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Languages still languishing in
(Press release 25/08/11)
GCSE results released today reveal the extent of the challenge
to turn around the decline in language learning in secondary
schools. Total entries in modern languages this year are down by
11%, by 21% compared to 2007 and by 43% compared to 2000. Total
language entries accounted for 10% of all GCSE entries in 2000, 7%
in 2007 and just 6% in 2011.
In past years, the overall decline in language entries has
mainly affected French and German, while Spanish and some other
languages such as Polish, Arabic and Chinese have been increasing
in popularity. This year however the decline affects all languages
except Modern Hebrew, which saw just 12 extra students taking the
GCSE exam. French and German are hardest hit, with 13% declines in
just one year, but Spanish which has seen some increases over the
past decade reports the first decrease since 2006 (down by 2.5% on
last year). Chinese has suffered even more in percentage terms,
with 42% fewer entries than last year.
annual 'Language Trends' surveys of secondary schools conducted
by CILT show that the declines since languages were made optional
GCSE subjects in 2004 have been due to the breadth of option
choices for students combined with perceptions that languages are a
'hard' subject. Teachers have also highlighted the fact that in
many schools lesson time for languages has been reduced, or the Key
Stage 3 course reduced to two years. They have also expressed
concerns about the impact of recent changes to the GCSE assessment
system. Issues in modern languages teaching have also been
highlighted by the Ofsted report published in January this year,
languages: achievement and challenge 2007-2010'.
Kathryn Board, Head of Languages and CILT at CfBT Education Trust, said: "The figures
show the extent of the gap to be closed with languages and must be
of huge concern to anyone who wants to see British people engage
confidently on the international stage. The introduction of the
English Baccalaureate will stimulate schools to encourage more of
their pupils to take a language, but it is in the review of the
National Curriculum that the real decisions must be made about the
benefits of learning a language for all pupils."
View the 2011 GCSE exam
data for languages, released by the Joint Council for
Qualifications, on our statistics pages.
A level figures show languages in need
(Press release 18/08/11)
A level results released today show that the
number of students taking French and German continues to decline,
amid soaring numbers for STEM (Science, Technology, Engineering and
Maths) subjects. However, the total number of A2 entries for all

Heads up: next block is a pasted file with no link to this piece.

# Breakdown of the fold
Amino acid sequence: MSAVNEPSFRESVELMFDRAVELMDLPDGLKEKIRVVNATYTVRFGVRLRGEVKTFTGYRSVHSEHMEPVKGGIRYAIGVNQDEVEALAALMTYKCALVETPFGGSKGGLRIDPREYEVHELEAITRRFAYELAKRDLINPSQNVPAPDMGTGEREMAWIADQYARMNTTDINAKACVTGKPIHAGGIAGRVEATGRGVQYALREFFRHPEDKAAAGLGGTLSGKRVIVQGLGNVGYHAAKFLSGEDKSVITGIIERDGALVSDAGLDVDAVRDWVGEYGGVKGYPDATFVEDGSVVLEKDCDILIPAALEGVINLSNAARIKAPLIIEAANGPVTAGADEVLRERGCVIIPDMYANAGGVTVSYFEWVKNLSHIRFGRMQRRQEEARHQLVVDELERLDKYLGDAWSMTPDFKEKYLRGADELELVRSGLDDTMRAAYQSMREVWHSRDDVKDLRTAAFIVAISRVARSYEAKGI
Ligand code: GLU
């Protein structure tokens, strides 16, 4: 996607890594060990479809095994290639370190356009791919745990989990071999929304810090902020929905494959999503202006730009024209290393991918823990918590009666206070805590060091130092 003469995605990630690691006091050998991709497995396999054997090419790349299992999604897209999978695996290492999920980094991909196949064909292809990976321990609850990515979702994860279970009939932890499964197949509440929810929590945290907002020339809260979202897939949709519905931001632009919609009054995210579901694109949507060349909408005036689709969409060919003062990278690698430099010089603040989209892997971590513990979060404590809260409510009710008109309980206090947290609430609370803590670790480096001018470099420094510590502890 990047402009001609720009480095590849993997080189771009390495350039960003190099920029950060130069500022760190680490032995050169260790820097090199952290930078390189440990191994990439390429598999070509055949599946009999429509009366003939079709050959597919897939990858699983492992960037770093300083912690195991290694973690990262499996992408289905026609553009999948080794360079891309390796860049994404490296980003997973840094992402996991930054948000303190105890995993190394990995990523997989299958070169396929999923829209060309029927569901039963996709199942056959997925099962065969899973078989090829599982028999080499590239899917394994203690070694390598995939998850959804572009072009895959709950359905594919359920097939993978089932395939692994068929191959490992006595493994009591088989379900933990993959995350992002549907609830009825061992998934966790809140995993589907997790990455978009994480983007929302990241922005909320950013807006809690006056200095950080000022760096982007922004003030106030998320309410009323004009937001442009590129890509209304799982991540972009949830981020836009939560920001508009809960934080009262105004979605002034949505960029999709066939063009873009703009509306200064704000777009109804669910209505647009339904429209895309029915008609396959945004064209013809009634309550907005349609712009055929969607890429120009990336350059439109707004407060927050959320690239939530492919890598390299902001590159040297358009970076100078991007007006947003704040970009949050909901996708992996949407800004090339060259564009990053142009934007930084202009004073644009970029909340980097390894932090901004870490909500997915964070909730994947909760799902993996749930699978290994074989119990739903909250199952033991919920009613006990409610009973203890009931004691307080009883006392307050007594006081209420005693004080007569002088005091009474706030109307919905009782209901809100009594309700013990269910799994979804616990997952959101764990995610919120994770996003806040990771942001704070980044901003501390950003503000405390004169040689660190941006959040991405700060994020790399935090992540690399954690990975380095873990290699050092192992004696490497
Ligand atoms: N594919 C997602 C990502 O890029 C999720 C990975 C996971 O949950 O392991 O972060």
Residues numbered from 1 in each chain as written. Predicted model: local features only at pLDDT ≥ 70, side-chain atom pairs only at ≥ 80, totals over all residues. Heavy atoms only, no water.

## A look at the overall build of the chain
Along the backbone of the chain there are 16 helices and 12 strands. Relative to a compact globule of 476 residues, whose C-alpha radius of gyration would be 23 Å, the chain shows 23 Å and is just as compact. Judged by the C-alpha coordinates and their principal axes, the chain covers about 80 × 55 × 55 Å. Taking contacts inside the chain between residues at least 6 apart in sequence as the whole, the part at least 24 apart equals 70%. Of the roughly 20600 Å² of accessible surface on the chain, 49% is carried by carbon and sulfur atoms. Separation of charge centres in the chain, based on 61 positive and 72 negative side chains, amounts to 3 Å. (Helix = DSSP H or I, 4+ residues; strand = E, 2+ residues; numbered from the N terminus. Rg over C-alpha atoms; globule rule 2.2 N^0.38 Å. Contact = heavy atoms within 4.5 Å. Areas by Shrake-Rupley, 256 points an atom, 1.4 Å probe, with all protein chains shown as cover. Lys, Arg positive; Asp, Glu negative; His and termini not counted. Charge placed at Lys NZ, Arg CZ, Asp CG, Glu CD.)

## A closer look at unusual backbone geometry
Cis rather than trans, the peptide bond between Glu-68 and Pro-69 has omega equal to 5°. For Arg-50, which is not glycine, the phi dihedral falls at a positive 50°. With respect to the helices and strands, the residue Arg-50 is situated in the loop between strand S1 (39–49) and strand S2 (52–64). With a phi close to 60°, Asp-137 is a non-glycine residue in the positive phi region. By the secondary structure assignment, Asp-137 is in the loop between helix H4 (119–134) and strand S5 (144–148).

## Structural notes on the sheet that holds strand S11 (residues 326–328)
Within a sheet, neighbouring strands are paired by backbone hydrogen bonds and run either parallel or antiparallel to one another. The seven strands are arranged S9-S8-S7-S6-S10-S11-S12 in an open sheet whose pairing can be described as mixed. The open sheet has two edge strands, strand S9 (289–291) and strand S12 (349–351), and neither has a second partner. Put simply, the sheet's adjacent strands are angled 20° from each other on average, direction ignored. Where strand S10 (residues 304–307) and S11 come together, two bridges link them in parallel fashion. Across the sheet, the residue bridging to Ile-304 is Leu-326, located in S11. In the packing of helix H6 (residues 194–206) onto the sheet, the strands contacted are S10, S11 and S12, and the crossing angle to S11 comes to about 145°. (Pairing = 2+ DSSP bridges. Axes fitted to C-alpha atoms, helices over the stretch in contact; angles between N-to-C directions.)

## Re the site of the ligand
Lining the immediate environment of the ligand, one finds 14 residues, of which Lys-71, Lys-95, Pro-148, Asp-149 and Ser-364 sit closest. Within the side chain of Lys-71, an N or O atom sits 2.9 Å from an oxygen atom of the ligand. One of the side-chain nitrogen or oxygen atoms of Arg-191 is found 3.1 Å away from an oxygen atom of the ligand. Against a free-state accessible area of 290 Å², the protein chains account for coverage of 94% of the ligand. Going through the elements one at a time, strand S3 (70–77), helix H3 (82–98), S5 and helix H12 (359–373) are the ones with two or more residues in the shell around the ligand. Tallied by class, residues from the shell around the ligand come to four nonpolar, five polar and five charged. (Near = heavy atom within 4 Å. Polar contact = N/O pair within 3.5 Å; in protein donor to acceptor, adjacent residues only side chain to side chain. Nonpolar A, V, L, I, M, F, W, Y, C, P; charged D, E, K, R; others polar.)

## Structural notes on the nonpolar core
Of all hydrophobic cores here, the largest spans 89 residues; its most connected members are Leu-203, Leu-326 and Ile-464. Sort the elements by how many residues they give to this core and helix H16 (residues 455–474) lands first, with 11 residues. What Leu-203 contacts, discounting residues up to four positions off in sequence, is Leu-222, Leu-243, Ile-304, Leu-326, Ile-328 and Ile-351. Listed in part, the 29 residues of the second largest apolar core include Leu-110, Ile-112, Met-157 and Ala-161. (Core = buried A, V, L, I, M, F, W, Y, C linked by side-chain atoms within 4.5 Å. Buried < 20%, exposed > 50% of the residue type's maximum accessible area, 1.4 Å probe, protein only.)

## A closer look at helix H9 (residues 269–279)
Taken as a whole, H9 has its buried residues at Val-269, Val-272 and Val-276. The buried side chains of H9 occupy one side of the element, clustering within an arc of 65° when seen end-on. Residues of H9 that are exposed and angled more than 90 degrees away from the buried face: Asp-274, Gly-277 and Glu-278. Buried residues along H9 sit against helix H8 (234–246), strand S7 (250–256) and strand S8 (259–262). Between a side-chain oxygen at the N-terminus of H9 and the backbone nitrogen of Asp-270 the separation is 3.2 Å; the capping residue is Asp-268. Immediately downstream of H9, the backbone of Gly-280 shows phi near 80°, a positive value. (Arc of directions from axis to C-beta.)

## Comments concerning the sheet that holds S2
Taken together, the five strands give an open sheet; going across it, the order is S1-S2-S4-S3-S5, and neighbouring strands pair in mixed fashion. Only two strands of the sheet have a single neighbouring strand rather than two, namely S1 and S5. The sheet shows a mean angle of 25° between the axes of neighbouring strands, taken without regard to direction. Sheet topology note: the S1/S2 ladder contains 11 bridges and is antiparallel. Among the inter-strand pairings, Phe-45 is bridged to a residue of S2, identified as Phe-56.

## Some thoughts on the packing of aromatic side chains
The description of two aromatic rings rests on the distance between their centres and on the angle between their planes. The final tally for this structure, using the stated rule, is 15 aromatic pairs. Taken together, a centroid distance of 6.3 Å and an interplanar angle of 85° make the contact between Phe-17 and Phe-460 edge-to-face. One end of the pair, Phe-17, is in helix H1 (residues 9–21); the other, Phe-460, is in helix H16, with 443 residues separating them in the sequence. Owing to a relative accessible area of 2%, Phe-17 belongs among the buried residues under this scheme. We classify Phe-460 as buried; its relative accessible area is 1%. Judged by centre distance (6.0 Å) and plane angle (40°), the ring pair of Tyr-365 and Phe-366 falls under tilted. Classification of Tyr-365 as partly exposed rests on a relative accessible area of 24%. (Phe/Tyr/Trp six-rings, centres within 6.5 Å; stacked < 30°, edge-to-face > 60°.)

languages increased by 1%, in line with the increase in the number
of entries across all subjects.
Against the increases of previous years,
Spanish also saw a very small decline in entries this year, whilst
the figure for all languages was kept buoyant by big percentage
increases in Chinese, Polish, Portuguese, Turkish and Urdu.
The numbers of students taking an A level in
German has now shrunk by 40% over 10 years and French is down by
28% over the same period - in which the number of A level entries
across all subjects has grown by 12%. With fewer than 4% of young
people gaining a higher level qualification in a language there is
now an urgent need for employers, government and universities to
make the same arguments for languages which have been so successful
in promoting STEM subjects.
Earlier this year the Russell Group of
universities highlighted languages as a ‘facilitating’ subject
which would bring advantages when applying for a university place
across a wide range of degree courses.
This year’s CBI Education and Skills Survey
highlighted the importance of language skills in
internationally-focused sectors such as manufacturing and finance
and showed that only a quarter of UK businesses have no need for
foreign language skills among their employees. The survey also
showed that it is the major European languages which are still most
commonly in demand, to help build relations with overseas
Kathryn Board, Head of Languages and CILT at
CfBT Education Trust, said: “It is good that more students are
taking STEM subjects which are seen as so valuable to the UK
economy. But without language skills we will be limited in our
ability to put these skills to use in the global economy. Languages
must go hand in hand with STEM subjects if we are going to give our
young people a chance to shine on the international stage and we
need to send them a strong message that it is the subject and the
content of the learning that counts as well as the
View the 2011 AS and A level exam data
for languages, released by the Joint Council for Qualifications, on
our statistics pages.